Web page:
The Art of Sawing River-Recovered® Logs

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The Art of Sawing River-Recovered® Logs

GEGchainsawingsm (Medium)George Goodwin is still our company sawyer. He personally examines each and every log and has his own ritual for creating the beautiful antique wood flooring you enjoy in your home and/or office. It’s George’s process, so he tells the story best. Enjoy!

The Art of Sawing River-Recovered® Logs

Sawing River-Recovered® logs is more of an art than a process. When a load of River-Recovered® logs arrives at the sawmill, the first thing we do is measure and ‘scale’ them to determine how many board feet each log will yield. There is an industry log ‘scale’ that gives the board feet based on the diameter and length of the log. Sometimes there are significant internal fractures or other issues that affect the board footage that we take into account.

We often take the largest and best-preserved logs back to our giant log pond, where they remain in water until the right project comes along. Once I determine which ones to saw, I examine each log and decide where to mark and cut the logs for the best yield. A 36’ log might make an 8’, 12’ and 14’ sections depending on where the crooks and bends are in the log. This is called ‘bucking’.

The logs all need a power wash to remove the sand and grit off the remaining bark and exterior of the logs before they are sawn. Sand will damage the large, expensive saw blades. When I bought a large headsaw and carriage several years ago, I assembled the most equipment we could possibly afford. The River-Recovered® heart pine is dense, resinous and heavy, while the heart cypress is huge, requiring heavy-duty equipment.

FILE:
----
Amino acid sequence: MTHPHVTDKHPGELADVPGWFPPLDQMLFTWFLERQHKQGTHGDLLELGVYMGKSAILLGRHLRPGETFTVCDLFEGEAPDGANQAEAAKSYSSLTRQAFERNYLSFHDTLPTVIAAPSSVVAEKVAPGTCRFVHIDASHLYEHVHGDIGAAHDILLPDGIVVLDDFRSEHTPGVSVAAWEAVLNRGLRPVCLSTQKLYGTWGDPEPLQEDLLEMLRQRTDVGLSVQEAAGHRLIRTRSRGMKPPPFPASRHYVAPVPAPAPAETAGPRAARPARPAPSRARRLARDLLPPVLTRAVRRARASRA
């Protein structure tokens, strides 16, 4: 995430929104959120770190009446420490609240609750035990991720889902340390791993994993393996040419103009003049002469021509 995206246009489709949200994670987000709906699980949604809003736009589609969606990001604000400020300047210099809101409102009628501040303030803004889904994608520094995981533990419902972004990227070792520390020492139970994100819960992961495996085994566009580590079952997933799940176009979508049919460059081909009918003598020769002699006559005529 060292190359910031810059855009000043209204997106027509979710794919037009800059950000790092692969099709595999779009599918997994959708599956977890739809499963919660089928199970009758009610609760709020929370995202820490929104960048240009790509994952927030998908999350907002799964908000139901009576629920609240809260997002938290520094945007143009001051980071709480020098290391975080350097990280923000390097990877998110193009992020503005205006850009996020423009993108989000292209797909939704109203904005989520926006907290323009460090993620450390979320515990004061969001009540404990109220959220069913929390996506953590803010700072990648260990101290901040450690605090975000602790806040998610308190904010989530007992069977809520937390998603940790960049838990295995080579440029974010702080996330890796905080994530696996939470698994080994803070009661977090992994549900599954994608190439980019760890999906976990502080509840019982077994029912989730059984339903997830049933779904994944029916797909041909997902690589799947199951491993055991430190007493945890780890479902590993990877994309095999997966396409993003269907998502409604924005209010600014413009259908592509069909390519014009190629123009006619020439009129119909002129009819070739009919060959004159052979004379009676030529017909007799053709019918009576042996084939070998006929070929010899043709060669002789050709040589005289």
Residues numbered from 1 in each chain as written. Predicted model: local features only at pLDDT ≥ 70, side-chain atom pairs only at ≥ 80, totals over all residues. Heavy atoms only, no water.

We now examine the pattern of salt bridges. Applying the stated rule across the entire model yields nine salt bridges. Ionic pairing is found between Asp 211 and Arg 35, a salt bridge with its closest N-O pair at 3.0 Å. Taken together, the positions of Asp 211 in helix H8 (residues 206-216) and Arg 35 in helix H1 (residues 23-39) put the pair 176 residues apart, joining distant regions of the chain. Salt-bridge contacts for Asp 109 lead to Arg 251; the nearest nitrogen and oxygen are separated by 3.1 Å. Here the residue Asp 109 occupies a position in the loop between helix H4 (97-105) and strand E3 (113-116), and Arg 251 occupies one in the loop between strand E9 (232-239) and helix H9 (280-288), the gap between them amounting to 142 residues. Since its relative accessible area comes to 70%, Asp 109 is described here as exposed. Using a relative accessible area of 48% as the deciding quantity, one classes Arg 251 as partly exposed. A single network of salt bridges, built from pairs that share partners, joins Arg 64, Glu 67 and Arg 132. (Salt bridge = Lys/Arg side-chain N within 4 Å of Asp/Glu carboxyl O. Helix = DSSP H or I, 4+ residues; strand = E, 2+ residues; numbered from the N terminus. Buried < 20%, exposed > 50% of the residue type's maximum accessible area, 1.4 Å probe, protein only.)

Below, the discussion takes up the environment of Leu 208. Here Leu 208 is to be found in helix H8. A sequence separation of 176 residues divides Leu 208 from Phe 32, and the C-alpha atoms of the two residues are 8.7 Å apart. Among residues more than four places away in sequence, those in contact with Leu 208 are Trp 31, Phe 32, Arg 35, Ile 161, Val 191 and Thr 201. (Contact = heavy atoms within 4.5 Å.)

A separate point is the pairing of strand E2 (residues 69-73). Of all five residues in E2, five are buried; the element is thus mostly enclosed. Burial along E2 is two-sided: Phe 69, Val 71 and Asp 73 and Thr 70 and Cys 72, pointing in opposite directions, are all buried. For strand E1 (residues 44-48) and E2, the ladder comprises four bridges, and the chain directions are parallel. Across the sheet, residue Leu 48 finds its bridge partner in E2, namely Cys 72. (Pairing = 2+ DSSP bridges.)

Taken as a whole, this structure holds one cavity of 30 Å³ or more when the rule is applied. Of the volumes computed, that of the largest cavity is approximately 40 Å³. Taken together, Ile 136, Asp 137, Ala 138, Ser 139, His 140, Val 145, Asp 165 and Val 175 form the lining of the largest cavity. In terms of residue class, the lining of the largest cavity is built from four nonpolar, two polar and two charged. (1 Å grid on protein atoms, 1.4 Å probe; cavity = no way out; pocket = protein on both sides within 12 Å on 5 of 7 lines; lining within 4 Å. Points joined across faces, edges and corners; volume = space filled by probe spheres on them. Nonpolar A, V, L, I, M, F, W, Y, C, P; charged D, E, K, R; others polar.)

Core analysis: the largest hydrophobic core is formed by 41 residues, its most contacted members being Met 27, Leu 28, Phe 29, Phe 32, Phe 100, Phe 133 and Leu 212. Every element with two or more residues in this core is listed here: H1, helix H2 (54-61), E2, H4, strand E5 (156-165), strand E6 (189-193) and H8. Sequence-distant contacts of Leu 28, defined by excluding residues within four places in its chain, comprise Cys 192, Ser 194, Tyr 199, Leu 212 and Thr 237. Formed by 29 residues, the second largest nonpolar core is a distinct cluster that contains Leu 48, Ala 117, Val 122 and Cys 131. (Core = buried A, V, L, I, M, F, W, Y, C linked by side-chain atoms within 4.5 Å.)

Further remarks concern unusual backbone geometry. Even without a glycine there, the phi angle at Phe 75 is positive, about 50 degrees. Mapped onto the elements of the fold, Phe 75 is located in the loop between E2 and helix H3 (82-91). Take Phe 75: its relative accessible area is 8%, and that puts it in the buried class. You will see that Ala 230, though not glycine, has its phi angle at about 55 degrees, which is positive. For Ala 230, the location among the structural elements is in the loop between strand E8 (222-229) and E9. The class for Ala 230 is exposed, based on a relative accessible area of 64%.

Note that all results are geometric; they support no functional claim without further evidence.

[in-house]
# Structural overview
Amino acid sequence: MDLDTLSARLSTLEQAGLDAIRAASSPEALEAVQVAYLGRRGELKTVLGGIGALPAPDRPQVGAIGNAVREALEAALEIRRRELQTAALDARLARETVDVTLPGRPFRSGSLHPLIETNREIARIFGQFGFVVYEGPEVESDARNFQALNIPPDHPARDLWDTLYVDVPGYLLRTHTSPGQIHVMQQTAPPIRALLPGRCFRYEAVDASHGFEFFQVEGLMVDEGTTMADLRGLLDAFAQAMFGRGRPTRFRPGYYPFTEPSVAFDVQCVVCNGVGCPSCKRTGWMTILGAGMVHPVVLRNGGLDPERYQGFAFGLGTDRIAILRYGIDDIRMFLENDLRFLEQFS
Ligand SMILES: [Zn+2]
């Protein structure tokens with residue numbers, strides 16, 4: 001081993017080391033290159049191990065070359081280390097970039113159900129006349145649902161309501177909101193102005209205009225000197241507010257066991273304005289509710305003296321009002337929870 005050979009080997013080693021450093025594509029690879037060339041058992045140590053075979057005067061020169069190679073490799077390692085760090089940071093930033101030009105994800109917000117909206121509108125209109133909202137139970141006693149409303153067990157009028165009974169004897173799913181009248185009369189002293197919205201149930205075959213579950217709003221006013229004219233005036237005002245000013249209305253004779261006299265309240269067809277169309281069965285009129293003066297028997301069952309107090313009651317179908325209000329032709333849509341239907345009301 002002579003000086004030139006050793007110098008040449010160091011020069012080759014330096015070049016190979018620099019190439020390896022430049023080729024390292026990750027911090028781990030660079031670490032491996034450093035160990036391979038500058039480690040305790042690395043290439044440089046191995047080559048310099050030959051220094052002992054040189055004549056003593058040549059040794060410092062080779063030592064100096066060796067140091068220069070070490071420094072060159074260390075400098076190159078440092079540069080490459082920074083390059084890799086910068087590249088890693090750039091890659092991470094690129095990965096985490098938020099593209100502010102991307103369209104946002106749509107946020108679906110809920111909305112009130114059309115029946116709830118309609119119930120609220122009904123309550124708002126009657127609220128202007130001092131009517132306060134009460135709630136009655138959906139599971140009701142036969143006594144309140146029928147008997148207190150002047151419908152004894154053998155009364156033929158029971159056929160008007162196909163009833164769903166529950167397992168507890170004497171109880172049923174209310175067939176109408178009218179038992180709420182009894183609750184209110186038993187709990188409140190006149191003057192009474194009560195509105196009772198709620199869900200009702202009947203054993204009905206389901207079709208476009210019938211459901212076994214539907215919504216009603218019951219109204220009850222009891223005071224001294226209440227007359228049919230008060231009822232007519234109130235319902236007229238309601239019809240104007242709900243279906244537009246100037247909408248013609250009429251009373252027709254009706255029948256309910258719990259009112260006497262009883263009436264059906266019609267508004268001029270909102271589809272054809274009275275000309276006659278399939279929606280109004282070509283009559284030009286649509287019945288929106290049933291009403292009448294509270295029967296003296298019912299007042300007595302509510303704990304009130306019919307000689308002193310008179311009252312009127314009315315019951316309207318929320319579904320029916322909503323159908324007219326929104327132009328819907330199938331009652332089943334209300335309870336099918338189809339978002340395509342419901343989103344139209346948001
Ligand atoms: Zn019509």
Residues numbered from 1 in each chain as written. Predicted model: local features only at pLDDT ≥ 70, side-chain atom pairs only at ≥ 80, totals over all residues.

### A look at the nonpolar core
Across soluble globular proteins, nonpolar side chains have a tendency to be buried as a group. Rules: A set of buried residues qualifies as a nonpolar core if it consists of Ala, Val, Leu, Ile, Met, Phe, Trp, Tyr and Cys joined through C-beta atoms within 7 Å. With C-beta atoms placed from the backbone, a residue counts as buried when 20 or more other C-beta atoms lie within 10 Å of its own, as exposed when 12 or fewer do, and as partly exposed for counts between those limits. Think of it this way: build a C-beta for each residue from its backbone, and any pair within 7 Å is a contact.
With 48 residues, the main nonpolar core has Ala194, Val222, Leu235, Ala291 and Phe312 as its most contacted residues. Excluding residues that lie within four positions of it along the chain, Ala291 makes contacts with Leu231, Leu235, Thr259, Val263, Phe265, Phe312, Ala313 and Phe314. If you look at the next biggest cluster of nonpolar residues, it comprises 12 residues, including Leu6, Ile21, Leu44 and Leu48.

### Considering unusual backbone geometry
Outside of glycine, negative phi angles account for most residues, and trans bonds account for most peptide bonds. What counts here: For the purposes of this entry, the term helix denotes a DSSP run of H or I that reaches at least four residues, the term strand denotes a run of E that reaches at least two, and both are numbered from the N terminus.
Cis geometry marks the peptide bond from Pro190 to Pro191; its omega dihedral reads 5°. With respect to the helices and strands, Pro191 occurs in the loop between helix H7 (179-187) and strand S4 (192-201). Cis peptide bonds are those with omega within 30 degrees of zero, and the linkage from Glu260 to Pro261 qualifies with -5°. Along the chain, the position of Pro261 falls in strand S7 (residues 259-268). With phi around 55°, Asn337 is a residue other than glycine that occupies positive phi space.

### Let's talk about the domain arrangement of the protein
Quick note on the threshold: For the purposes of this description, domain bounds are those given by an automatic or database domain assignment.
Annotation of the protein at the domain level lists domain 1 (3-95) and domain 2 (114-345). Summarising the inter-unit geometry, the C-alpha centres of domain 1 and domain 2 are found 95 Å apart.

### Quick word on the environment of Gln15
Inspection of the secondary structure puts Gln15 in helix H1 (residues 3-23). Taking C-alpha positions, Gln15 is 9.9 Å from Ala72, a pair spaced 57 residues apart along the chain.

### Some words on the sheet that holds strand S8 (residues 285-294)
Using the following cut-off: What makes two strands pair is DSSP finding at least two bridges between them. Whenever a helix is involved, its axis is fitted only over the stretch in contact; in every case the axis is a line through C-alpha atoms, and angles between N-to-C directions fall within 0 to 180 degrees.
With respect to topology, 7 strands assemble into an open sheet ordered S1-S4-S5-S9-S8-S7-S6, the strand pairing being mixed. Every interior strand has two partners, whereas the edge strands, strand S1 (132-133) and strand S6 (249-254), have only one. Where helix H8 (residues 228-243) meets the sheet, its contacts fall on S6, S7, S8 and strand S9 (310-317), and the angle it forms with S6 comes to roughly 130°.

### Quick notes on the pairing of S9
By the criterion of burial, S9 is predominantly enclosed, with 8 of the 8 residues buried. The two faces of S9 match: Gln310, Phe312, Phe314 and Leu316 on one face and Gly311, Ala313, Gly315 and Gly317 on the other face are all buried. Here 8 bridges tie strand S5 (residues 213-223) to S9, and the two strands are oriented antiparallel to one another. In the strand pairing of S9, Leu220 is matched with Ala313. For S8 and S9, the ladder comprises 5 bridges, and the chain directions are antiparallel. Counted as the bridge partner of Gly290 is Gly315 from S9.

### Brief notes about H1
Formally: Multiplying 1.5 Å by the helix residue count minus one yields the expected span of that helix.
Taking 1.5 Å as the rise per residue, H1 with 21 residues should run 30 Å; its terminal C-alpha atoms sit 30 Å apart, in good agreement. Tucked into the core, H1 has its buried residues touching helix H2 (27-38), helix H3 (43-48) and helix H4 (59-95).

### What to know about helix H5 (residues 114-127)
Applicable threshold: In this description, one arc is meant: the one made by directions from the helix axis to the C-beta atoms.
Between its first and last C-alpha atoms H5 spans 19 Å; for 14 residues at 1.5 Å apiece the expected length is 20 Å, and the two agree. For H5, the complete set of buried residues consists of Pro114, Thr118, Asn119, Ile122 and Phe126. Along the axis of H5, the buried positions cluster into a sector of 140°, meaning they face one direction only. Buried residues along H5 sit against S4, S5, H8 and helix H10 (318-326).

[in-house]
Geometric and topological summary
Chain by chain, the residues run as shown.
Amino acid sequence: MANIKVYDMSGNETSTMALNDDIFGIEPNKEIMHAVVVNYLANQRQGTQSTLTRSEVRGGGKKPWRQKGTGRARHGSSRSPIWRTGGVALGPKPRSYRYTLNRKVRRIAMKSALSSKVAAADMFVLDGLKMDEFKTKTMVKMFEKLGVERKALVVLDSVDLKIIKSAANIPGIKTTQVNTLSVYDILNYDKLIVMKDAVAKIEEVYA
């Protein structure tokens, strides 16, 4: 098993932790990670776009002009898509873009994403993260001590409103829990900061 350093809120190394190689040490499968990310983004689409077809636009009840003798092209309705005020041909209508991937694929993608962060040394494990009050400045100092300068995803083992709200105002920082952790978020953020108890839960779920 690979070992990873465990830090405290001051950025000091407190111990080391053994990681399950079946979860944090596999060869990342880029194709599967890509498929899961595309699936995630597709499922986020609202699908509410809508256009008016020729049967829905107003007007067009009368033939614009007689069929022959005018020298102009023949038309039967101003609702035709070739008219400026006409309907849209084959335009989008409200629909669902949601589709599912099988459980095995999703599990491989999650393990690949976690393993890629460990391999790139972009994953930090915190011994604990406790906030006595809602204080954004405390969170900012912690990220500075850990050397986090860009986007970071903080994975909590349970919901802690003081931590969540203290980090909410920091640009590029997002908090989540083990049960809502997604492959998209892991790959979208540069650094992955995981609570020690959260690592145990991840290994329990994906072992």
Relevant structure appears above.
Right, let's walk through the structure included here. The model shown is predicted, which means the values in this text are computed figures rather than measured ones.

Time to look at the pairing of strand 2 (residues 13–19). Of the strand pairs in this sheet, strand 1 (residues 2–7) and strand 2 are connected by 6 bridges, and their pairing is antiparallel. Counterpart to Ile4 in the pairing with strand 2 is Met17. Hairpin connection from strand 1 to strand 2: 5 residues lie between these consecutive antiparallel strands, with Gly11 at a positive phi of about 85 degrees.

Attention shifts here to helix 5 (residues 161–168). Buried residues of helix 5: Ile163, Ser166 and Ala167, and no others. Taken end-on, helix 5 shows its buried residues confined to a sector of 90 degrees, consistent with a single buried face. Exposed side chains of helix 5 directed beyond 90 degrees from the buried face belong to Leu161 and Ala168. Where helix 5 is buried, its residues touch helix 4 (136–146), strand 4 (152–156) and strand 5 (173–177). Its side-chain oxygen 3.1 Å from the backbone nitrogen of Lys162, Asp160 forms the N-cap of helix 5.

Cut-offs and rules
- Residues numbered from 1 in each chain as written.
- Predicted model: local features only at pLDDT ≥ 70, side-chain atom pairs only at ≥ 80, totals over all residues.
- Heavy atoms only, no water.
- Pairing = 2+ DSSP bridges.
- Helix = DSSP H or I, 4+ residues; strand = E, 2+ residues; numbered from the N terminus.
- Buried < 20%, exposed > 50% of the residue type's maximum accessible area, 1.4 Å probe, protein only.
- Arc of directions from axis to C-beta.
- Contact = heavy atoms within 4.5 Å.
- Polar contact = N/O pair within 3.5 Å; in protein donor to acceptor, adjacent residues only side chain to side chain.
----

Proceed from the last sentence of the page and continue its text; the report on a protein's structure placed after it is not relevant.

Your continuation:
Once the logs are scaled, bucked, washed and loaded onto the saw deck, I mark any internal fractures with chalk so they can be easily seen from inside the saw cab. This lets me rotate the logs to render the best yield and highest quality while sawing. The company gives me a worklist of what I need to saw to meet custom orders. Strangely enough, the most difficult to achieve is the narrow plainsawn grades, particularly the 3” boards that provide a 2-1/2” face tongue and groove flooring.

To get the narrow plainsawn grade, I take the largest logs and create a cant (a rectangle) out of the center of the log and then slice it like a loaf of bread. The older Victorian era homes used the narrow widths because they did not have dry kilns and narrow widths naturally shrink less than wide wood.

I could saw the largest River-Recovered® heart pine logs into some of the richest, most beautiful 8” and 10” wide antique wood in the world. Given today’s kiln drying procedures, wide widths perform extremely well. Just take a look at the floor shown here on the beach in Florida. RHCSCondoDen (Medium)Of course, some of it goes to that wide wood; however, still, I often have to sacrifice the largest logs to make those cants out of the center to generate the narrow plainsawn grain to repair and restore those great homes of the last century. The old houses are worth it. Just ask Terry Reeb, Hardwood Specialists of St Petersburg, FL, one of our best ever clients who performs a lot of historic restoration,

Goodwin provides what our clients need and we saw each and every log to order. We’re humbled to think that the loggers of the 19th century lost some of the densest and best antique heart pine and cypress to the river bottom. We love seeing these ancient logs arrive at the mill and value their beauty and worth. The ones shown here with the ax cut ends means they were all cut before the mid-1880s when loggers switched from axes to crosscut saws.

RiverHeartPineLogsAxCut (Medium)

We love even more seeing your photos of beautiful wood in your home. Send us your photos please!

Yours truly,

George Goodwin